Perhaps one of the greatest contributions Jennifer Lopez brought to TV was her influence producing “The Fosters” on ABC Family. When it had its first season last year, it was praised for its realism in showing a family that was far from ones we saw just a decade ago. With two lesbian moms and a house full of adopted children, plus foster children, it was different from anything else and also inevitably faced some criticism for the lesbian angle. Regardless, it managed to present a different reality to the family that’s probably truer than many understand.
It also set forward a message to TV to think a little more seriously about showing more adopted children in family shows, plus the idea of foster children. While there’s been some growth in showing adopted kids on family TV shows, we really haven’t seen many shows that promote how important foster kids can be to a family. As much as the family show has changed on TV, many of them still try to show us a family with mostly blood-related kids, perhaps with a thought the relationship between parent and child is more intense that way.
The Evolution of Adoption on TV
The TV family with only blood-related families persisted for much longer than it should have, at least until the late 1970s when “Diff’rent Strokes” finally showed the advantage to bringing adopted kids into your home, regardless of race. Audiences accepted the show into the mainstream so heartily that we forget just how groundbreaking the concept was at the time considering plenty of family shows were still on in 1978 focusing strictly on blood-related families. Even more groundbreaking in “Diff’rent Strokes” was the idea that a very wealthy man would be willing to take in two African-American kids and have them live with his blood-related white teenage daughter.
Thanks to the winning personality of Gary Coleman and the rest of the cast, it’s an example of how something groundbreaking can have a natural progression rather than shock people. In many respects, “The Fosters” works in the same way “Diff’rent Strokes” did in making it so believable that you feel like it’s always been that way. Few were shocked out of their minds to find a show on ABC Family that showed biracial lesbian mothers raising a brood of kids who came from abandoned families and broken homes.
Now that “The Fosters” have a second season to show what they can do, they have an important role now in continuing what they started, especially in showing how foster kids can become normal kids within a family. If we’ve seen some reality shows about adoption in the real world (and “Modern Family” taking on an adopted son), how many other shows will be willing to make adoption and foster children a front and center subject?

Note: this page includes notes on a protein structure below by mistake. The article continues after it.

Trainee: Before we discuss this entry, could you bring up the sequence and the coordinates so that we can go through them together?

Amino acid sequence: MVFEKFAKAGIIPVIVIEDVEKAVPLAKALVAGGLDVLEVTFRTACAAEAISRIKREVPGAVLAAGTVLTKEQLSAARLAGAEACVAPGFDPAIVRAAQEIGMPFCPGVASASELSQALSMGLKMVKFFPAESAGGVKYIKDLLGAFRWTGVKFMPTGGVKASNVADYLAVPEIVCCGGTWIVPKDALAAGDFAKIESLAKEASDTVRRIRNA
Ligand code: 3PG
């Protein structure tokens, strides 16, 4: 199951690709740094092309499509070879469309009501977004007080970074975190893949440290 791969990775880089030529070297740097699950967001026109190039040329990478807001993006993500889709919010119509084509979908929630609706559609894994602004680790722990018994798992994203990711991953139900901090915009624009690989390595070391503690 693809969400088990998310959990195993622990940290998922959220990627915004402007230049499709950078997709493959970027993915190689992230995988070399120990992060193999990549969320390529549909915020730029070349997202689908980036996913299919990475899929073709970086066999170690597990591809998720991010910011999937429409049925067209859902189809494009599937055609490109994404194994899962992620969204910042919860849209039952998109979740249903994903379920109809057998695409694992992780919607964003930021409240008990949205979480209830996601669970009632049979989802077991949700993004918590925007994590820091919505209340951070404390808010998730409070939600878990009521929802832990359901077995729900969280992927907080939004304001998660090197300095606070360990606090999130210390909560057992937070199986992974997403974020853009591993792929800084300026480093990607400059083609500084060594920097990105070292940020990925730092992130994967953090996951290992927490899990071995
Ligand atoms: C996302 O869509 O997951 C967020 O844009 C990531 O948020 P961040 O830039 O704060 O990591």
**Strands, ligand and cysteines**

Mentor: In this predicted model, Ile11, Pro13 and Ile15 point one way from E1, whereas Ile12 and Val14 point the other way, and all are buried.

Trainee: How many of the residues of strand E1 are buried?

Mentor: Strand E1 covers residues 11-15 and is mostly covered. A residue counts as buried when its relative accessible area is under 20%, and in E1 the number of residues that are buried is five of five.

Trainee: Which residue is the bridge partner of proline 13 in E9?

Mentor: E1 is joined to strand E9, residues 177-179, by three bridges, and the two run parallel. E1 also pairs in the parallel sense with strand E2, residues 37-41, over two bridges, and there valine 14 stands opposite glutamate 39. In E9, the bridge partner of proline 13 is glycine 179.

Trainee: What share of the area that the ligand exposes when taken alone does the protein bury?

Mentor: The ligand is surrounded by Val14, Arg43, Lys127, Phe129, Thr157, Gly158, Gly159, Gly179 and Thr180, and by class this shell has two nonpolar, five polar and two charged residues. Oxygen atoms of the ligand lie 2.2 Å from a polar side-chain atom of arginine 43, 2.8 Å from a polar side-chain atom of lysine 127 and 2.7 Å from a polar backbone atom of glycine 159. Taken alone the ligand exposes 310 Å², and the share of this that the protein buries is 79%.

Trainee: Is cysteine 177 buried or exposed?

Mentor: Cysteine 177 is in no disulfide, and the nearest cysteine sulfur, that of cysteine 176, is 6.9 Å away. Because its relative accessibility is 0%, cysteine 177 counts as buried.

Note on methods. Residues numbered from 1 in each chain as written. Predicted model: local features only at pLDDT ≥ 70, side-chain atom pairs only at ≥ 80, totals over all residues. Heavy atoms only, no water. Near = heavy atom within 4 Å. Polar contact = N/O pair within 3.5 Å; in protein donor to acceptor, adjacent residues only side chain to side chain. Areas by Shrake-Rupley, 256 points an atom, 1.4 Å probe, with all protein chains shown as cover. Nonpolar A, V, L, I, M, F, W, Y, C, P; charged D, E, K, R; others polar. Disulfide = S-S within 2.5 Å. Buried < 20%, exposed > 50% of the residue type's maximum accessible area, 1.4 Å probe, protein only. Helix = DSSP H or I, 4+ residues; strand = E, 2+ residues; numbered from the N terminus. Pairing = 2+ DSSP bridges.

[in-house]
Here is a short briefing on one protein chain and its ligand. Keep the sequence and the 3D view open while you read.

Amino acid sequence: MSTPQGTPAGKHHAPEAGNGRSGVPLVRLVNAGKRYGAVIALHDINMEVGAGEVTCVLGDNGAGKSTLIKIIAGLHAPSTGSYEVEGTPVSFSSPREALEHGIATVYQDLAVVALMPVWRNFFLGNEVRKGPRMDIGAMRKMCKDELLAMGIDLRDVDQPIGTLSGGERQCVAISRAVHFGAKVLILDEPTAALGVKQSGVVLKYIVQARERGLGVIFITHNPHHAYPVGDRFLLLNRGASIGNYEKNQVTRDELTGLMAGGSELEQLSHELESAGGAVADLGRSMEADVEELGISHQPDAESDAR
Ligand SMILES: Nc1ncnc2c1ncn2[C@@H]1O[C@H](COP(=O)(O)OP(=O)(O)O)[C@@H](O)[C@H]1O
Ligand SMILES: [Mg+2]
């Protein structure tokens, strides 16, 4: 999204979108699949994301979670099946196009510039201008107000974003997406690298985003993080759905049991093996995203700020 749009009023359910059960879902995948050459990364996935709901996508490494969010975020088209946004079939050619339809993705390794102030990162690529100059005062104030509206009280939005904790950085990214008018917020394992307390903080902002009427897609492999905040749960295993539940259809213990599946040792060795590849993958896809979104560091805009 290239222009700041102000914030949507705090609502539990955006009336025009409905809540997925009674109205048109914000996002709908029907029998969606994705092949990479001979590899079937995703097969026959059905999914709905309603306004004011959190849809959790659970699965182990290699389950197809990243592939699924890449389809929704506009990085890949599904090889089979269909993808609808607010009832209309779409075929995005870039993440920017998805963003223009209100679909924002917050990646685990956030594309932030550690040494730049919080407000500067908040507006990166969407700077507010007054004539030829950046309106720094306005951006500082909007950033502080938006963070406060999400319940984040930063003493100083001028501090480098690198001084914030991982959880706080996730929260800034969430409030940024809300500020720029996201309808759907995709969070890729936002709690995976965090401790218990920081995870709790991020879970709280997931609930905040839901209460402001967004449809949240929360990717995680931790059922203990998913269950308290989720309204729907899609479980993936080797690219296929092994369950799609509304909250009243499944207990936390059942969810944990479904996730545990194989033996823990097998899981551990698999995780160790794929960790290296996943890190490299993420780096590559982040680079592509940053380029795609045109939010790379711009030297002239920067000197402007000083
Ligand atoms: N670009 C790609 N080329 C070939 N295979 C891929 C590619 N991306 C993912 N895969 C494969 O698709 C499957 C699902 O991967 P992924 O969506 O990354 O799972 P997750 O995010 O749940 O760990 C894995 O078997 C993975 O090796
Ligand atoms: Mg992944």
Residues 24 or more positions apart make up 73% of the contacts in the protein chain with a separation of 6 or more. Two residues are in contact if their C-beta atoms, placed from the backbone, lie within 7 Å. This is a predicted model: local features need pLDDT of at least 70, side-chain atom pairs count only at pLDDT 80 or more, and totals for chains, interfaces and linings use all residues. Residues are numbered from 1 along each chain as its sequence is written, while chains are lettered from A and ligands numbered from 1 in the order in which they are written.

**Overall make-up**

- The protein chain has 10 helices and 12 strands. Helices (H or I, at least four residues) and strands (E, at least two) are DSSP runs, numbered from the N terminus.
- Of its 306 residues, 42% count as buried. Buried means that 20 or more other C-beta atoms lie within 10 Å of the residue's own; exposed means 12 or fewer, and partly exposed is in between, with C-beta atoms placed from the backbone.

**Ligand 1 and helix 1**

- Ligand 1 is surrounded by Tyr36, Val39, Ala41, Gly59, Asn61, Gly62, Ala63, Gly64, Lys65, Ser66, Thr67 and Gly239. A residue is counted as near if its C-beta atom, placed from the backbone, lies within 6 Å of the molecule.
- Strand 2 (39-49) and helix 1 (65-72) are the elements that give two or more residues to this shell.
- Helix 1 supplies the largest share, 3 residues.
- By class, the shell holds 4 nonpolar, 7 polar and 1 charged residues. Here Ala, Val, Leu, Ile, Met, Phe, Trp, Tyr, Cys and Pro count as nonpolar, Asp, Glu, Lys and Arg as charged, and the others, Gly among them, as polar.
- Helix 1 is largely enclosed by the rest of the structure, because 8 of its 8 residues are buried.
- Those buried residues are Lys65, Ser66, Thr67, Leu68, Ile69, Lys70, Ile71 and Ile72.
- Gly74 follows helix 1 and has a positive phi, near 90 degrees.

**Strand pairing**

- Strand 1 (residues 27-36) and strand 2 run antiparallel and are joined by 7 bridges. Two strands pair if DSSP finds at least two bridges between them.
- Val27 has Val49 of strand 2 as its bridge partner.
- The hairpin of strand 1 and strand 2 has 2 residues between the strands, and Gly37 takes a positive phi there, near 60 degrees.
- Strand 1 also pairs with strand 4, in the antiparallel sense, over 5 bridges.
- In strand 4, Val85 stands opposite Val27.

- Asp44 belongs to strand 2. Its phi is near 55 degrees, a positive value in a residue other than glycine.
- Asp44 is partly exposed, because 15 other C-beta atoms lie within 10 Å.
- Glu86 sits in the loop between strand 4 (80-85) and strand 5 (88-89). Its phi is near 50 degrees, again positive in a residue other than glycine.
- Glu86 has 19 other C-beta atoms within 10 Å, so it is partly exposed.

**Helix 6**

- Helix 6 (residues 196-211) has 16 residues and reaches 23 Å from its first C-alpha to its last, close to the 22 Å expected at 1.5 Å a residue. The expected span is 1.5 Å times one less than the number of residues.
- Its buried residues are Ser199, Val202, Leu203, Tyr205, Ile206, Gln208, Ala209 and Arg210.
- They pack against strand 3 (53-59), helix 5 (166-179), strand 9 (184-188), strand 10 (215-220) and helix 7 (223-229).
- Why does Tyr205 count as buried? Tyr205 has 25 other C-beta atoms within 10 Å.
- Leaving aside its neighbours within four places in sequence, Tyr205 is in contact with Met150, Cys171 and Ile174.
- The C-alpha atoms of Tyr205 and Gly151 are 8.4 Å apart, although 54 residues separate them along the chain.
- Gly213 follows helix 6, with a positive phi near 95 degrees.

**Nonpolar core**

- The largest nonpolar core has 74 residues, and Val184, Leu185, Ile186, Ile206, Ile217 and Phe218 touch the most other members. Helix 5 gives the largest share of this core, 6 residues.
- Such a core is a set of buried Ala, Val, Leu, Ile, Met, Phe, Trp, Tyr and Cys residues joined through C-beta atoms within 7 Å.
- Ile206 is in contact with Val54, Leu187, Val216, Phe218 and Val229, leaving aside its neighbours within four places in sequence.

The Future of Adoption and Foster Kids on TV
Don’t be surprised if the two mothers in “The Fosters” eventually end up taking more foster kids in if the show lasts beyond a second season. Some might argue that Stef and Lena (played by Teri Polo and Sherri Saum) have already taken on more children into their home than they can handle. And that’s an argument that has to be made in making sure any show about adoption or foster kids presents them getting the best possible upbringing rather than parents taking on something that can only lead to disaster.
Nevertheless, part of the point of “The Fosters” is the two mothers are such loving people that they can’t help but take in as many kids as possible. It’s a plot point worth accepting for this one show if it doesn’t become so prevalent that people in real life attempt to do the same thing without thinking about reality.
Writers of TV shows in the past perhaps thought having foster children in the household meant too much of a distance between their adoptive parents in order to bring any compelling plot ideas. Unfortunately, that was probably lazy writing and adhering too much to the family TV show templates set for so many decades.
The best approach is one that shows foster kids blending in easily with a family without making them look like they’re something unusual. In “The Fosters”, you might not even know two of the characters are foster children unless you were told. As many times as TV can show foster children calling their adoptive parents “Mom” and “Dad” and not by their first names, the more the real world will realize that taking in foster kids into their own family means the best possible chances of the same thing happening.